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Lesson Transcript

Fernando: There’s Always Something to Do in Latin America. I’m Fernando and I’m joined by JP. JP, what’s going on, man?
JP: I’m doing great, Fernando and I’m excited to do this lesson, so what are we gonna talk about today, Fernando?
Fernando: In this lesson, you will learn about negative adverbs. This conversation takes place at work. Conversation is between Jorge and Valentina. The speakers will be using the familiar register.
JP: Shall we listen to the dialogue?
Fernando: Yes.
Lesson Conversation + Translation
(1 time natural native speed, 1 time slowly, 1 time with translation)
(1 time natural native speed)
Jorge: Ya es hora, gracias a Dios.
Valentina: ¿Haces algo esta noche?
Jorge: No, nada. Me voy a casa.
Valentina: Pues hasta mañana.
English Host: Let’s hear it again, dramatic speed.
Jorge: Ya es hora, gracias a Dios.
Valentina: ¿Haces algo esta noche?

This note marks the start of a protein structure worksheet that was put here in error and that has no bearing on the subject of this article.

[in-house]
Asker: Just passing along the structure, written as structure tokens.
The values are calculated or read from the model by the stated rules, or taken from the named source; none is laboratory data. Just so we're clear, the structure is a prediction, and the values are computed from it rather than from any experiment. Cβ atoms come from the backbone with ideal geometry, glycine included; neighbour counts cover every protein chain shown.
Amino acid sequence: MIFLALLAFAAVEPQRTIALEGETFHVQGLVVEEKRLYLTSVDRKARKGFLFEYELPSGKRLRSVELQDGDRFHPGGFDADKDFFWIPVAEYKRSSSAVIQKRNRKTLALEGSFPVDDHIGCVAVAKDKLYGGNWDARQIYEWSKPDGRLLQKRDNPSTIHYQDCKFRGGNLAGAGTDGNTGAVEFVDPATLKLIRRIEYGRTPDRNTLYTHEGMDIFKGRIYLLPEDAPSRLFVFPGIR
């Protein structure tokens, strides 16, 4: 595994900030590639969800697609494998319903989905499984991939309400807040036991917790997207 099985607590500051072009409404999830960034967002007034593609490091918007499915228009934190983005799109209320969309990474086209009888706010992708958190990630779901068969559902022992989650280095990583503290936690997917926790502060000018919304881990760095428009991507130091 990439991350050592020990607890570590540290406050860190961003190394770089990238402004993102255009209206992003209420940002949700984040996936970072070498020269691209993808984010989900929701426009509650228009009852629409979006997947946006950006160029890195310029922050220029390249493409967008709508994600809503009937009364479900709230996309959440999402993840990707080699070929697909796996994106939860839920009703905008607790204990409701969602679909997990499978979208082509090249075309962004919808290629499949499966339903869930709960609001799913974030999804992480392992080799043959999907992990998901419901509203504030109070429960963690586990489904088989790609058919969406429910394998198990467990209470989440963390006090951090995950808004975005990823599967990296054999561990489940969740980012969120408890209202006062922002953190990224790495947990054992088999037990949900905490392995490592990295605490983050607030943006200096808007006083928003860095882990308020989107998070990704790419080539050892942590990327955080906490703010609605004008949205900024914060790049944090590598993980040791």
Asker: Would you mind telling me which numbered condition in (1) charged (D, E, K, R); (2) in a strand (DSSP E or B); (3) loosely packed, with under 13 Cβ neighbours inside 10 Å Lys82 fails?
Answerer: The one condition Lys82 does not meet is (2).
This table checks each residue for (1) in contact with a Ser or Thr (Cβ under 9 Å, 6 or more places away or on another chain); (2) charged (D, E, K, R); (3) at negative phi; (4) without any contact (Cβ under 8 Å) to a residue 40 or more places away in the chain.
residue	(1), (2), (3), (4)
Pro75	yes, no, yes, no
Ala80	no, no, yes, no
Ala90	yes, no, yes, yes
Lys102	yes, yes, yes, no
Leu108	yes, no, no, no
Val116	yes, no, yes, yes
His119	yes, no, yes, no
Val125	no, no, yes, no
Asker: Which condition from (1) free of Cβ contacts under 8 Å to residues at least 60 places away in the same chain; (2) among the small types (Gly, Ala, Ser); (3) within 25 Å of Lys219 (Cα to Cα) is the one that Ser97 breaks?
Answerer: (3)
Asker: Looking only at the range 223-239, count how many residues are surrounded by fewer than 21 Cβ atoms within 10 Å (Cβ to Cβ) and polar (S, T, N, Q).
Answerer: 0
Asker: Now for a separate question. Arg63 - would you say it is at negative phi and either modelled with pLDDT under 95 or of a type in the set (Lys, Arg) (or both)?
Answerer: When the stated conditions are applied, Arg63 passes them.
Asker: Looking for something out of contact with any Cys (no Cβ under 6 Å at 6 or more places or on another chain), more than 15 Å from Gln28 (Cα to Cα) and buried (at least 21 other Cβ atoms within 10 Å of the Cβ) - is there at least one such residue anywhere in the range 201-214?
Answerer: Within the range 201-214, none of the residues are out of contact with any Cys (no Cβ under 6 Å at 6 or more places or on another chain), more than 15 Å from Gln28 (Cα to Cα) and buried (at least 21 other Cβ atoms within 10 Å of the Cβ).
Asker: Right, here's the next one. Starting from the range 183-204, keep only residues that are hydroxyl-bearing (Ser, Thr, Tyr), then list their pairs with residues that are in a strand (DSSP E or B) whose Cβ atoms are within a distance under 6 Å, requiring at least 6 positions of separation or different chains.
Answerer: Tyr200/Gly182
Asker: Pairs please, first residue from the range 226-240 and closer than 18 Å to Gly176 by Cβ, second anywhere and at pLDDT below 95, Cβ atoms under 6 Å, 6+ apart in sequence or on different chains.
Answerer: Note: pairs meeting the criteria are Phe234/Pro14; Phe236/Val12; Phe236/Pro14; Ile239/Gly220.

Jorge: No, nada. Me voy a casa.
Valentina: Pues hasta mañana.
English Host: One more time with the translation.
Jorge: Ya es hora, gracias a Dios.
JP: It's time now, thank God.
Valentina: ¿Haces algo esta noche?
JP: Are you doing something tonight?
Jorge: No, nada. Me voy a casa.
JP: No, nothing. I'm going home.
Valentina: Pues hasta mañana.
JP: Then see you tomorrow.
JP: All right, we’re back and obviously, Jorge and Valentina are in the office, right?
Fernando: Yes. They are pretty eager to flee.
JP: Jorge is at least. He says “It’s time go, finally,” right?
Fernando: Ya es hora.
JP: Literally, he says, “It is already the hour.”
Fernando: Yes.
JP: But that’s the way Latinos express it’s time to go, right? That the work day is finished.
Fernando: Ya es hora.
JP: Ya es hora.
Fernando: It’s time.
JP: It’s time. Okay. And then he says “Thank God.”
Fernando: Gracias a Dios.
JP: Okay. Now, Valentina has a question for him before he leaves. She’s…
Fernando: She’s a little, uh… ¿Haces algo esta noche?
JP: “Are you doing anything tonight?” Do you think it’s an invitation?
Fernando: I think she winked at him.
JP: Okay. So, we’re using the verb hacer, haces, “to do” or “to make.” ¿Haces algo esta noche? “Are you doing something tonight?”
Fernando: No, nada. Me voy a casa.
JP: Okay. Jorge is like, “No, I’m not. Goodbye.”
Fernando: He’s spent.
JP: Okay. In fact, he says “I’m outta here. I’m going home.”
Fernando: Me voy a casa.
JP: Me voy a casa. And so, Valentina gets the point and she says, well, “See you tomorrow.”